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‘Super cows’: How genetic tinkering could turn farm animals into cancer-fighting drug factories

| | August 18, 2017

While the overall biotech industry in South Dakota is small — about 66 firms — the state is emerging as a national force in transgenic animals.

These advances have been fast-tracked thanks to improvements in CRISPR technology, which allows scientists to edit genes with previously unimaginable precision. Ostensibly, the method used by SAB Biotherapeutics — boosting compromised immune systems with healthy, fully human antibodies grown in cattle — could be replicated to tackle autoimmune disorders such as rheumatoid arthritis and even the holy grail: oncology. The company already has a treatment for Ebola in the works, too.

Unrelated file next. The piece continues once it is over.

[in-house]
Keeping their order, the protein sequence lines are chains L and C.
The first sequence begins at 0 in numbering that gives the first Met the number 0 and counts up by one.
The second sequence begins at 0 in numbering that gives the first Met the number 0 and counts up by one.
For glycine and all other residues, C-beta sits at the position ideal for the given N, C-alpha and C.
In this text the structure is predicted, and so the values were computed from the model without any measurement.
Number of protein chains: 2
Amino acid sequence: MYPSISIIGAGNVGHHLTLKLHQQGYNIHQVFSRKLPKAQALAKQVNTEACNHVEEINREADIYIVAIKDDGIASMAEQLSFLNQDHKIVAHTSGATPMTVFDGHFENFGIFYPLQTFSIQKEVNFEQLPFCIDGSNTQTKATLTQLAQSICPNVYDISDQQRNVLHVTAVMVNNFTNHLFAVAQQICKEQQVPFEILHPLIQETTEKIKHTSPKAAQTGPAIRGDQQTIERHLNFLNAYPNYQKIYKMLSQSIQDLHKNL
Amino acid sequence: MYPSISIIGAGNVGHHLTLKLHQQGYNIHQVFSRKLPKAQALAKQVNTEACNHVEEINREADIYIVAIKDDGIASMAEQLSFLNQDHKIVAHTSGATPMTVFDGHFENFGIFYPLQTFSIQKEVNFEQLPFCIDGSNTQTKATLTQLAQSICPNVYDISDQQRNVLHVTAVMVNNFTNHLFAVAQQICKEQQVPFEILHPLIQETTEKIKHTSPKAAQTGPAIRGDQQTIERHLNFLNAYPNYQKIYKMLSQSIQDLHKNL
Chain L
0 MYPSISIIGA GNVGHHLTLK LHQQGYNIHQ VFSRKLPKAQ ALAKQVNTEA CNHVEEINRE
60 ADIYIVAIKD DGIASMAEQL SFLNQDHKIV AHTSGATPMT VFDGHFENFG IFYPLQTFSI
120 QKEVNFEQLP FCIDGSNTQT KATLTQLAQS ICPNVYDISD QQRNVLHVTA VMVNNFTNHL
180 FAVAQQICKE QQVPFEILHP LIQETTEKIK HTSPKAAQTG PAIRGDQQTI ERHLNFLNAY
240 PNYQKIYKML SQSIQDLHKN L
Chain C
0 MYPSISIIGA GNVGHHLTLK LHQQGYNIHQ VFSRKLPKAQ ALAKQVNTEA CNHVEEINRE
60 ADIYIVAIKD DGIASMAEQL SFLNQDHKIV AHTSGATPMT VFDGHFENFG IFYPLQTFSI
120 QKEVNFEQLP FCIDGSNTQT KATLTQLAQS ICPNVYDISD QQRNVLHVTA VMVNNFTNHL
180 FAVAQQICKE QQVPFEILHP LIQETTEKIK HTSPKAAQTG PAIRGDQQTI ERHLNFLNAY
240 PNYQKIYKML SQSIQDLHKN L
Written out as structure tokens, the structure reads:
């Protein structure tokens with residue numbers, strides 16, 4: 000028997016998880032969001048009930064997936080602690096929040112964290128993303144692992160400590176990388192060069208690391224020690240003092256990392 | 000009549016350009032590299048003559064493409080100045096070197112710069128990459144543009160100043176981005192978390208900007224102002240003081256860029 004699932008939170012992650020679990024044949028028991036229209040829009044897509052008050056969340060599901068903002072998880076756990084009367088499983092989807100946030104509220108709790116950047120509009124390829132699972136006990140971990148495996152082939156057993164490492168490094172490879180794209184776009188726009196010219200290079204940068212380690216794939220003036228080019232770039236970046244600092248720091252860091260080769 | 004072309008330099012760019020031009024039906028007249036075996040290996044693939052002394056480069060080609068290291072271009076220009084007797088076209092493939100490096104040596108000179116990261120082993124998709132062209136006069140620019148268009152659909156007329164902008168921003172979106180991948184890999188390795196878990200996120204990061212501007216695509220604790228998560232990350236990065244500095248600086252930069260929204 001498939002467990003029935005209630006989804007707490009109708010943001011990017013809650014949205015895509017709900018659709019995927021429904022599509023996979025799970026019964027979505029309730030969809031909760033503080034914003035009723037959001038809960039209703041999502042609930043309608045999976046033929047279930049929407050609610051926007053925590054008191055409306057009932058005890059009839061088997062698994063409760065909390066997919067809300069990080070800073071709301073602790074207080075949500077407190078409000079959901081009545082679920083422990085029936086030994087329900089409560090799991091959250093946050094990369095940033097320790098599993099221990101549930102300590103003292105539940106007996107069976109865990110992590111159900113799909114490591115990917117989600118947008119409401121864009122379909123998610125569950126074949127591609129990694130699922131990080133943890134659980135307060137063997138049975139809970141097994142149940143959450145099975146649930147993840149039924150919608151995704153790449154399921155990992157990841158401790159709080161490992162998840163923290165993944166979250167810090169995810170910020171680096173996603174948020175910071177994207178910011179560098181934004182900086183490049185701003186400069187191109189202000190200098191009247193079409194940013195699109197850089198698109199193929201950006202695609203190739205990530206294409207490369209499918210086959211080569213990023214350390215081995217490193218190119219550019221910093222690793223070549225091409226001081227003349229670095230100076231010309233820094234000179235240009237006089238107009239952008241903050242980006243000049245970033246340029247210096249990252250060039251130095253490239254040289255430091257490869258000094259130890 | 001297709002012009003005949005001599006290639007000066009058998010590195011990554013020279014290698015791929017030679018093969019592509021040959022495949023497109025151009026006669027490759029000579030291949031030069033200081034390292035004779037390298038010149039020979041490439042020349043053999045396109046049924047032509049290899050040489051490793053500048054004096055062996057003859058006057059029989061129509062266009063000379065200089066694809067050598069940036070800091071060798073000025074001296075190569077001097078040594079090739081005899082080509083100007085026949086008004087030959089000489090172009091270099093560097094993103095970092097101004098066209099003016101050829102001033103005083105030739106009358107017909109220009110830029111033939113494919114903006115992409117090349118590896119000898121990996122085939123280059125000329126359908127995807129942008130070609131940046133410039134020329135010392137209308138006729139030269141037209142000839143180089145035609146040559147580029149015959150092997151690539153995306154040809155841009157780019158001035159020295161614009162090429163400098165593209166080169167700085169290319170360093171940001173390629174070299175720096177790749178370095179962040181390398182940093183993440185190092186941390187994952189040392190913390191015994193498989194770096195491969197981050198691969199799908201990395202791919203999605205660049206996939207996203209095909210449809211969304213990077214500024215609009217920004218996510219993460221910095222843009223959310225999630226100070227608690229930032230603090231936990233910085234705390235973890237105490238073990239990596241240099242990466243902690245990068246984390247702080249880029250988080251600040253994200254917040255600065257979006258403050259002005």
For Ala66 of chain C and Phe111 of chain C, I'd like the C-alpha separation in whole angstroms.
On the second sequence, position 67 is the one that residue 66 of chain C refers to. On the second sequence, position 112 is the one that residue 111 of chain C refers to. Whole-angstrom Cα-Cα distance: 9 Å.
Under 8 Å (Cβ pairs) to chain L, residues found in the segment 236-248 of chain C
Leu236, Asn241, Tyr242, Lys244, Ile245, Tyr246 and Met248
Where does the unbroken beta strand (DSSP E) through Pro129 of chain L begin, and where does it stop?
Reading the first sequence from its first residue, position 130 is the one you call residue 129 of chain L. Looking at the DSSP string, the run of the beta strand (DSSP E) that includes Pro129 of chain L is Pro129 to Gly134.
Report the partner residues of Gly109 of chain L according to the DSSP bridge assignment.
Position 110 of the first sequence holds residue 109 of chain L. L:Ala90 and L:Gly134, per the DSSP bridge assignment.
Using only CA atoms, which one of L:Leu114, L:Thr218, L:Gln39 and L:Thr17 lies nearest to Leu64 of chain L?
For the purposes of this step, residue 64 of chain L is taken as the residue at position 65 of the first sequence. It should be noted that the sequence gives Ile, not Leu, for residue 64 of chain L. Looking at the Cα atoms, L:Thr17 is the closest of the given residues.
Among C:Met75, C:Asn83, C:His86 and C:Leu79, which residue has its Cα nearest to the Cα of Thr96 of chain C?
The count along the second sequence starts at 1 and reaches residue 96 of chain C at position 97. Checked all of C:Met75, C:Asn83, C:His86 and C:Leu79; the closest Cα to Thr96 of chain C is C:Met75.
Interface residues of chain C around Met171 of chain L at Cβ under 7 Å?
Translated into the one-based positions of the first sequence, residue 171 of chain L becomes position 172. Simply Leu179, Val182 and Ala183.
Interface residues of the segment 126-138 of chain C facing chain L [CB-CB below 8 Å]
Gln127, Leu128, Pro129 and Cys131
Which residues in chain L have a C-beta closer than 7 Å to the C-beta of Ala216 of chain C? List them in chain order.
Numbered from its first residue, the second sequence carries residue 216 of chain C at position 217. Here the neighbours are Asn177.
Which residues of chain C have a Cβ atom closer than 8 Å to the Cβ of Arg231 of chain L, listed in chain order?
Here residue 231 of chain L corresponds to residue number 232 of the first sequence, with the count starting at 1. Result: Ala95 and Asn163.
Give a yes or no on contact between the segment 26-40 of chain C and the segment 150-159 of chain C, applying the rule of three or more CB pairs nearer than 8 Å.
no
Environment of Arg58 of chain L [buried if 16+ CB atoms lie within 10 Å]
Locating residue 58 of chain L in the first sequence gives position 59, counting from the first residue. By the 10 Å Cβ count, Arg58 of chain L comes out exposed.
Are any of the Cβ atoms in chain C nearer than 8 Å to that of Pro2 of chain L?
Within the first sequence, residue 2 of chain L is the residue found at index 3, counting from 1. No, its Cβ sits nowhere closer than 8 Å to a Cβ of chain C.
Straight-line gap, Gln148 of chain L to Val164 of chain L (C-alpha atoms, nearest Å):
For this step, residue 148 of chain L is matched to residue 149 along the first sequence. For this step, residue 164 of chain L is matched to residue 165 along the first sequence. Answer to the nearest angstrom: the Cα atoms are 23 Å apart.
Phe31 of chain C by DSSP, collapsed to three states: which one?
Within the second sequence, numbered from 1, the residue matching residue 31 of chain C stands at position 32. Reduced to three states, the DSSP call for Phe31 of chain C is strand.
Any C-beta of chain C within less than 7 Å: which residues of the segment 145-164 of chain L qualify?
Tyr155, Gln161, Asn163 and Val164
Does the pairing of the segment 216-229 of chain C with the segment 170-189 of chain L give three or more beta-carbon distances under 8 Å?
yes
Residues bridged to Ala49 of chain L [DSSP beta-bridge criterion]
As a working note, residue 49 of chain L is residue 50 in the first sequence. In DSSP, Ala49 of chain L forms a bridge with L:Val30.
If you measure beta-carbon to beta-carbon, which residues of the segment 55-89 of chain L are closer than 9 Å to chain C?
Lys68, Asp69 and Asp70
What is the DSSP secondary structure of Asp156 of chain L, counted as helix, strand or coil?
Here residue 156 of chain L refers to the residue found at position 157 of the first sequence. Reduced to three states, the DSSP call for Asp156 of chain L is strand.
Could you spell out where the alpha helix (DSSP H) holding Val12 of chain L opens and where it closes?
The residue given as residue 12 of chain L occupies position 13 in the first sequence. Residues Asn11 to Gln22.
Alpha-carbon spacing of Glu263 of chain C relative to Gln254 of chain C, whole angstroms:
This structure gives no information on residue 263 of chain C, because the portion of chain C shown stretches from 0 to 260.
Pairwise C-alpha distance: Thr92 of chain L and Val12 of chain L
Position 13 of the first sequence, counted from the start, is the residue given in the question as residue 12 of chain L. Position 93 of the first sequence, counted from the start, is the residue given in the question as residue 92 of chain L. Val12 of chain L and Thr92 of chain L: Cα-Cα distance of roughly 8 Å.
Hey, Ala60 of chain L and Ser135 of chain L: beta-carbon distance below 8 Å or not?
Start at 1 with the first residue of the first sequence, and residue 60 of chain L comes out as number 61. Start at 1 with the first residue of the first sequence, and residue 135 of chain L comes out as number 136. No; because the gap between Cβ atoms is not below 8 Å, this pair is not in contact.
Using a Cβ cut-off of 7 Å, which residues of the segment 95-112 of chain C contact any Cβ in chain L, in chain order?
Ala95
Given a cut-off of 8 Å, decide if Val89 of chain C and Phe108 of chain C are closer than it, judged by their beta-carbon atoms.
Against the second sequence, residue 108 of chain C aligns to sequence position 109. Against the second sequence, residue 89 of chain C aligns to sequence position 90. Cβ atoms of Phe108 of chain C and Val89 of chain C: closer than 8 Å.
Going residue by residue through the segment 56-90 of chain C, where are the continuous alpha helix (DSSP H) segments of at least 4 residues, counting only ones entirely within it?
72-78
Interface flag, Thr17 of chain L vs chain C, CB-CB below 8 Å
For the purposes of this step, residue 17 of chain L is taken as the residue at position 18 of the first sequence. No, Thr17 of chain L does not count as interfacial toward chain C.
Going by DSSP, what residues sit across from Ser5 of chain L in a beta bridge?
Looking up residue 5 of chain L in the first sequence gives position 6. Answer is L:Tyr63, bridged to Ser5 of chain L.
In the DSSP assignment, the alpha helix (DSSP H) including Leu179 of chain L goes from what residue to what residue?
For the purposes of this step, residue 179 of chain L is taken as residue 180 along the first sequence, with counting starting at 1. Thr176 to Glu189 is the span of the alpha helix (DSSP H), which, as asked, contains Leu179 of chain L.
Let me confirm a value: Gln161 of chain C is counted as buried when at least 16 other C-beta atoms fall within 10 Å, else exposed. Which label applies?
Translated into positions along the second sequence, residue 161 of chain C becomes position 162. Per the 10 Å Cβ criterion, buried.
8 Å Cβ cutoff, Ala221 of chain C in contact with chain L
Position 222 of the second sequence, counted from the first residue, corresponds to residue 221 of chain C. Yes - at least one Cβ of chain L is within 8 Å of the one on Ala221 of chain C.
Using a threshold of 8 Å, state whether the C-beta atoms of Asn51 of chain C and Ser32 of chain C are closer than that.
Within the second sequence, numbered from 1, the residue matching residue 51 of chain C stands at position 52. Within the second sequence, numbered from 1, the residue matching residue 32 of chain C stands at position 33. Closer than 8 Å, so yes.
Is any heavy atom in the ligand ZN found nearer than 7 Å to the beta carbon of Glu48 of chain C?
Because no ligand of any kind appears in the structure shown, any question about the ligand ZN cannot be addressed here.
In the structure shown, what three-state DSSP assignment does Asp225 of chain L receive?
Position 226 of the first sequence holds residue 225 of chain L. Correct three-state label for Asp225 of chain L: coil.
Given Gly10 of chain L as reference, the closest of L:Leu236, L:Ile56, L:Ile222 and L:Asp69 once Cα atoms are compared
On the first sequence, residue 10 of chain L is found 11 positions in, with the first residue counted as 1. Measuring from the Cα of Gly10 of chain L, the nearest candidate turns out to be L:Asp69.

Transgenic animals could also be used to improve drug research, helping scientists test medicines on human systems without having them attached to a live person. “There’s a longstanding understanding that trying to test therapeutics on animals doesn’t often translate well when you test in humans,” says James Hughes, director of the Institute for Ethics and Emerging Technologies, a think tank based in Boston. Having more access to human antibodies, even ones bred in non–Homo sapiens, could be a giant leap for the scientific community.

The GLP aggregated and excerpted this article to reflect the diversity of news, opinion and analysis. Read full, original post: Can Cloned Cows Cure Human Disease?

The GLP aggregated and excerpted this article to reflect the diversity of news, opinion, and analysis. Click the link above to read the full, original article.
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